Boat sealant?

The place to discuss chicken coops and runs.

Moderators: Marigold, victorias poultry

Post Reply
Bantams=Banter
Forum Contributor / Grower
Posts: 46
Joined: Thu Dec 07, 2017 12:31 pm

Boat sealant?

Post by Bantams=Banter » Sat Dec 16, 2017 6:42 pm

I saw a video online last night by a chap who's company makes wooden coops, and he recommended painting the inside with some kind of boat sealant to make washing out easier, and I presume to aid the fight against red mite...

Anyone come across this? And, if so, what brand?

Does it affect ventilation?
1 x hubby
2 x children
3 x cats
5 x guinea pigs
2 x chickens
User avatar
rick
Full Member
Posts: 1341
Joined: Sun Aug 31, 2014 12:52 pm

Re: Boat sealant?

Post by rick » Sun Dec 17, 2017 9:41 am

Hi BB,
The only issue I can think of would be in potentially adding significant weight to the coop (if that was an issue.) With anything like that it must be dry/hard/solvent clear before the birds can use it which may take a long time. I'm only familiar with 'red lead and putty' and only for sealing wooden boats - that stuff takes years to 'go off'.
But you don't really need to wash out a coop very often as long as it has bedding/flooring in it to remove and replace. You could certainly make a wooden coop unattractive to mite by filling the gaps, cracks and corners. Diatom paste painted into the corners is highly recommended - would wash out (if the inside was washed) and need re-doing but is instantly habitable.
Mite don't like plastic and you only get a plastic to plastic perch end (hot favourite hang out for mite) in a plastic coop.
As long as the intentional ventilation is adequate (as it should be) it wouldn't be a problem filling/painting the rest of the construction.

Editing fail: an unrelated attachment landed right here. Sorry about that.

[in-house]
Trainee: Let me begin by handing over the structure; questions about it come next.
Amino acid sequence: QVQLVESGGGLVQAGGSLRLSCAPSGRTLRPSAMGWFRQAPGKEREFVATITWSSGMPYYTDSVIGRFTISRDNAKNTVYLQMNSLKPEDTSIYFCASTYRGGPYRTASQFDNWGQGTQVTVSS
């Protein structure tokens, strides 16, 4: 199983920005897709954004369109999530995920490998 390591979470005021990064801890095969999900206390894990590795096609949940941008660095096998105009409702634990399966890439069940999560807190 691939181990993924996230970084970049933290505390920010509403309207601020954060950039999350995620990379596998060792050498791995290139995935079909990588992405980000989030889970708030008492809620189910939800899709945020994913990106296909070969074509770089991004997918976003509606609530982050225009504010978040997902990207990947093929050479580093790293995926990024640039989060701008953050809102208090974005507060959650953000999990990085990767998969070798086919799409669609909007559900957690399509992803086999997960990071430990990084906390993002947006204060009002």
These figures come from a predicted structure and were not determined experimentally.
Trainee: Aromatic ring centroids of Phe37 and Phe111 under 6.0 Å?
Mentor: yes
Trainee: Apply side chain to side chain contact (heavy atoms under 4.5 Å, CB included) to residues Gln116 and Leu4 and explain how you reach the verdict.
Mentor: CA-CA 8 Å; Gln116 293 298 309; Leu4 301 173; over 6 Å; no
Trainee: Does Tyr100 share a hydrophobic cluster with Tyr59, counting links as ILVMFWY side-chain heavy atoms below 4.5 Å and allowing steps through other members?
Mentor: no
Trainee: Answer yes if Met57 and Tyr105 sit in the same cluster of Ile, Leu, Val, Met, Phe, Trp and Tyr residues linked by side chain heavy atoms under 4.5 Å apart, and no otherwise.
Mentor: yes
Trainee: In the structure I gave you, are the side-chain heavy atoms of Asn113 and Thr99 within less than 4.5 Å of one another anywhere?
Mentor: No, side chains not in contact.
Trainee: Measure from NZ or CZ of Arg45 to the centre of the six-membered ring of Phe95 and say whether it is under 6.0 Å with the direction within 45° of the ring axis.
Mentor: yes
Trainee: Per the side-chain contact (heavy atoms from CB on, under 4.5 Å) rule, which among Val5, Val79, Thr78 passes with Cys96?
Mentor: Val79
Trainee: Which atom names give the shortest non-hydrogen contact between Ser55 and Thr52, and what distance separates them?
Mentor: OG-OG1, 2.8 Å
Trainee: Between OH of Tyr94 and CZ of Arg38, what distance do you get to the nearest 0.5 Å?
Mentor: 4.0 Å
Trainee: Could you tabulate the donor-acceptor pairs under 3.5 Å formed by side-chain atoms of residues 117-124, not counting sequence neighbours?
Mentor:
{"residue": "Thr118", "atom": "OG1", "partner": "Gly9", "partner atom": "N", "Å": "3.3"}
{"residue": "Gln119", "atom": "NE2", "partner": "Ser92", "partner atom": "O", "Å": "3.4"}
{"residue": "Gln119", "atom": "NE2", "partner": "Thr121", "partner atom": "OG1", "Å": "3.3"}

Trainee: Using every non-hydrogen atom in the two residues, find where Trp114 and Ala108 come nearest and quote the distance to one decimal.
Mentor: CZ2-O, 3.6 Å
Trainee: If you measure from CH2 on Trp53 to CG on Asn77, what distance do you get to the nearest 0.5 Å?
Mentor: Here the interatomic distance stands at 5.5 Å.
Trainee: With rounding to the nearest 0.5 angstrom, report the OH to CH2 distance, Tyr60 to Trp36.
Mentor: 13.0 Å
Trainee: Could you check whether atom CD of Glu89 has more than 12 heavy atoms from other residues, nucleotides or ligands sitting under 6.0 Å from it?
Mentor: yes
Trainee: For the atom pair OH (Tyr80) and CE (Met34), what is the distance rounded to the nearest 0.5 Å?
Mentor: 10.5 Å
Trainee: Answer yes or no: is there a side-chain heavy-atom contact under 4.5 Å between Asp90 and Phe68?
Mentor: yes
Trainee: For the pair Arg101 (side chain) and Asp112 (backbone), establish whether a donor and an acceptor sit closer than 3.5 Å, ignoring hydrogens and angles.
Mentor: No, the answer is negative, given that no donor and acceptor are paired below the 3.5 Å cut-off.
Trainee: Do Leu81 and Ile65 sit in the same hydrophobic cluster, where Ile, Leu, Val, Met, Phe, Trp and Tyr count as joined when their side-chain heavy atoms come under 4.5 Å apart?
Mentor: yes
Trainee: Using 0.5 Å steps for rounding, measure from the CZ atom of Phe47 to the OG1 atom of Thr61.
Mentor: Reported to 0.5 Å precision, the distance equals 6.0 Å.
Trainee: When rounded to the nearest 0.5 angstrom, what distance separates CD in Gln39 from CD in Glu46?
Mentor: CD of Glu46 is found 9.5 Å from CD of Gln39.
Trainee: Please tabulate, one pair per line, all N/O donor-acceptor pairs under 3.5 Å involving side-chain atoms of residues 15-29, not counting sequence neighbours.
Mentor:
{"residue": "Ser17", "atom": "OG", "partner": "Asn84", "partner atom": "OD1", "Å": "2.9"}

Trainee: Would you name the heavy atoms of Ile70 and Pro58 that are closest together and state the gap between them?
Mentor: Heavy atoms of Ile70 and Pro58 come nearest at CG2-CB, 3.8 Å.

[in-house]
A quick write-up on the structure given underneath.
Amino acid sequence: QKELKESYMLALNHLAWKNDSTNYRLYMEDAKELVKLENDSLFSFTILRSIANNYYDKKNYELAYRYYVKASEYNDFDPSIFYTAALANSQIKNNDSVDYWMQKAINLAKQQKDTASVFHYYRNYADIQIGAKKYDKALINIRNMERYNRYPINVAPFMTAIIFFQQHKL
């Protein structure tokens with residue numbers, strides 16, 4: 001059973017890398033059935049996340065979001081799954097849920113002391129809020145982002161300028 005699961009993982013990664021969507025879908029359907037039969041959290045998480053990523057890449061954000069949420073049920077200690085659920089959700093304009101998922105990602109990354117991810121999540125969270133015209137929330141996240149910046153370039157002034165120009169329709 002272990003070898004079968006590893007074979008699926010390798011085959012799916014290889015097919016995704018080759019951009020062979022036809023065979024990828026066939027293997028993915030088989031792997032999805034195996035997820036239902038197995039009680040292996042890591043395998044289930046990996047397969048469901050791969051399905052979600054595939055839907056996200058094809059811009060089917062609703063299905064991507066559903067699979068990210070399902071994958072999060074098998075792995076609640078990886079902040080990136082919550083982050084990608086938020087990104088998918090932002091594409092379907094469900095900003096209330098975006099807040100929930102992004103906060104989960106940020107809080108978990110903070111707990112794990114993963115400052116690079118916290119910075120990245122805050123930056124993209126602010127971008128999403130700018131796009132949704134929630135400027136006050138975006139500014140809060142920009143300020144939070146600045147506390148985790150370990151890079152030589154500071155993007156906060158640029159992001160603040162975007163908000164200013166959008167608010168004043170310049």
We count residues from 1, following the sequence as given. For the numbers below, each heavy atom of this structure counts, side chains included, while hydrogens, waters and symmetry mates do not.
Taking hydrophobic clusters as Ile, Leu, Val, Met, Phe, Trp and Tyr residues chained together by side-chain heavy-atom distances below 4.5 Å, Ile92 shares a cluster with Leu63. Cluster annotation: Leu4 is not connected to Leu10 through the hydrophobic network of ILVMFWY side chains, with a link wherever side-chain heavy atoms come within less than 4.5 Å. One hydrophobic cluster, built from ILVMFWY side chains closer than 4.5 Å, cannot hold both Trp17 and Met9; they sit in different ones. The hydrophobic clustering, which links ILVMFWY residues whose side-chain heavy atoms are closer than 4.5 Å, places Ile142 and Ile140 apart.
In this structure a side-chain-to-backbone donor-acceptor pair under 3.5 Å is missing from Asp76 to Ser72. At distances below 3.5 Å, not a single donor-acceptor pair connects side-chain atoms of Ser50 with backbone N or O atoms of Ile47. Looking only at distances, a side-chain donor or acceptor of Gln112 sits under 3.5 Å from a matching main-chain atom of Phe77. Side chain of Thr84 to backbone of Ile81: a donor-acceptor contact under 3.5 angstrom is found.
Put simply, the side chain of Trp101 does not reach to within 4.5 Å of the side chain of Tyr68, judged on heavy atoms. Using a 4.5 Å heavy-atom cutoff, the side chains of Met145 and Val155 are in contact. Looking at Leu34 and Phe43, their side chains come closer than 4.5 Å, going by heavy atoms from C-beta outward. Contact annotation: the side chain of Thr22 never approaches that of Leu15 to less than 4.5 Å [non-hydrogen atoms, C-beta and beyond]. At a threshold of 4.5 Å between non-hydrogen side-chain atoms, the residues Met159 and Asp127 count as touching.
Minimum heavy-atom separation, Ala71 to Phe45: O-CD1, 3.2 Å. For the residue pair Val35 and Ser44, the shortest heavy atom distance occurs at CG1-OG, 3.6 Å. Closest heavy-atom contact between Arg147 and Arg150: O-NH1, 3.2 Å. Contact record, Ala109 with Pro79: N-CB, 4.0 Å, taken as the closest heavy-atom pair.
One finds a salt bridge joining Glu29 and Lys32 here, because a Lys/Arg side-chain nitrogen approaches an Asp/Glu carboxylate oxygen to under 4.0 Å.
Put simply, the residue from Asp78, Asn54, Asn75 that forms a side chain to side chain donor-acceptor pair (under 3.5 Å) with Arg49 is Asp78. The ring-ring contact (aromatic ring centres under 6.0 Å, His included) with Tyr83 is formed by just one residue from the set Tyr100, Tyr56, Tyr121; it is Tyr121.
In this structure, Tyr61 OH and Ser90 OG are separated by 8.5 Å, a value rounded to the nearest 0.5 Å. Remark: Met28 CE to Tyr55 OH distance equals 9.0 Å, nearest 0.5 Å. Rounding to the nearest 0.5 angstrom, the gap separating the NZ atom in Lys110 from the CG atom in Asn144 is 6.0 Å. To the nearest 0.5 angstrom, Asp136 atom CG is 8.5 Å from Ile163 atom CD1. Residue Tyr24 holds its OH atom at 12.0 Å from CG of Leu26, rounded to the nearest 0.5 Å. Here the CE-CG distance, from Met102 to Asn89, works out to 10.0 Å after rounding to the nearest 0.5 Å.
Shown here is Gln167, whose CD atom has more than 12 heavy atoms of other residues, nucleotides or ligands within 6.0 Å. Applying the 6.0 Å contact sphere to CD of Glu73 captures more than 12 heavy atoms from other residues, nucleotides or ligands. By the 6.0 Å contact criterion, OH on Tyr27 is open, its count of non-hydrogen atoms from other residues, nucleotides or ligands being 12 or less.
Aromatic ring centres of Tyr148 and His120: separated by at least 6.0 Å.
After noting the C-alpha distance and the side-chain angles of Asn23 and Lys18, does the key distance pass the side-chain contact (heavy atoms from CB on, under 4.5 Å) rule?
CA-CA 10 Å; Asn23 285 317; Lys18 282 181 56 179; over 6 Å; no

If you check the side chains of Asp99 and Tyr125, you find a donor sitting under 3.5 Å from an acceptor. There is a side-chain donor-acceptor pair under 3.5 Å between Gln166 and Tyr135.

User avatar
Marigold
Moderator
Posts: 5784
Joined: Sat Apr 30, 2011 6:27 pm

Re: Boat sealant?

Post by Marigold » Sun Dec 17, 2017 11:47 am

Rick rightly points up the issue of drying time when wooden coops are treated with any sort of preservative. In direct, hot summer sunshine, effective wood preservatives (those continuing spirit-based ingredients, or traditional creosote) take at least 48 hours or more to dry and for the fumes to disperse enough for the chickens to return. In normal cool UK conditions, and especially in freezing weather, you're likely to be stuck for days, or even weeks in winter, consequently you need a second coop for the hens in the meantime.
I think painting the inside a coop is unnecessary in any case. It would do nothing to stop redmite, best to stick to diatomaceous earth slurry painted into the cracks and joins. The walls just don't get dirty if theres enough perch room for the hens to roost, and redmite are not found on walls unless you have a mega-infestation.
Or get a plastic one, of course, and save yourself years of problems.
User avatar
chrismahon
Forum Guru / Wise Bird
Posts: 4864
Joined: Tue May 17, 2011 10:29 am

Re: Boat sealant?

Post by chrismahon » Sun Dec 17, 2017 12:17 pm

One advantage of wooden coops is they 'breathe', so condensation isn't an issue. It becomes one when they are painted inside though because that seals the wood. We get condensation on the ceilings which are painted gloss white to improve light levels. You will also get condensation on plywood as the layers of bonding glue effectively seal the panels.

Our coops are painted outside with microporous paint which stops water getting in, but still allows the wood to breathe. You could use that inside as well if you want, but wood expands and contracts and any paint will split at the wood joints. Boats remain at constant humidity so that wood movement wouldn't be a problem I think. I doubt boat sealant will offer any advantage over simple good husbandry i.e. keeping the coop clean inside.

I would leave a creosoted coop at least two weeks in Summer and perhaps two months in Winter. When creosote gets warm in the sun it gives off fumes, even if it seemed odourless previously- nasty stuff best avoided.
Post Reply

Return to “Chicken Houses, Runs & Equipment”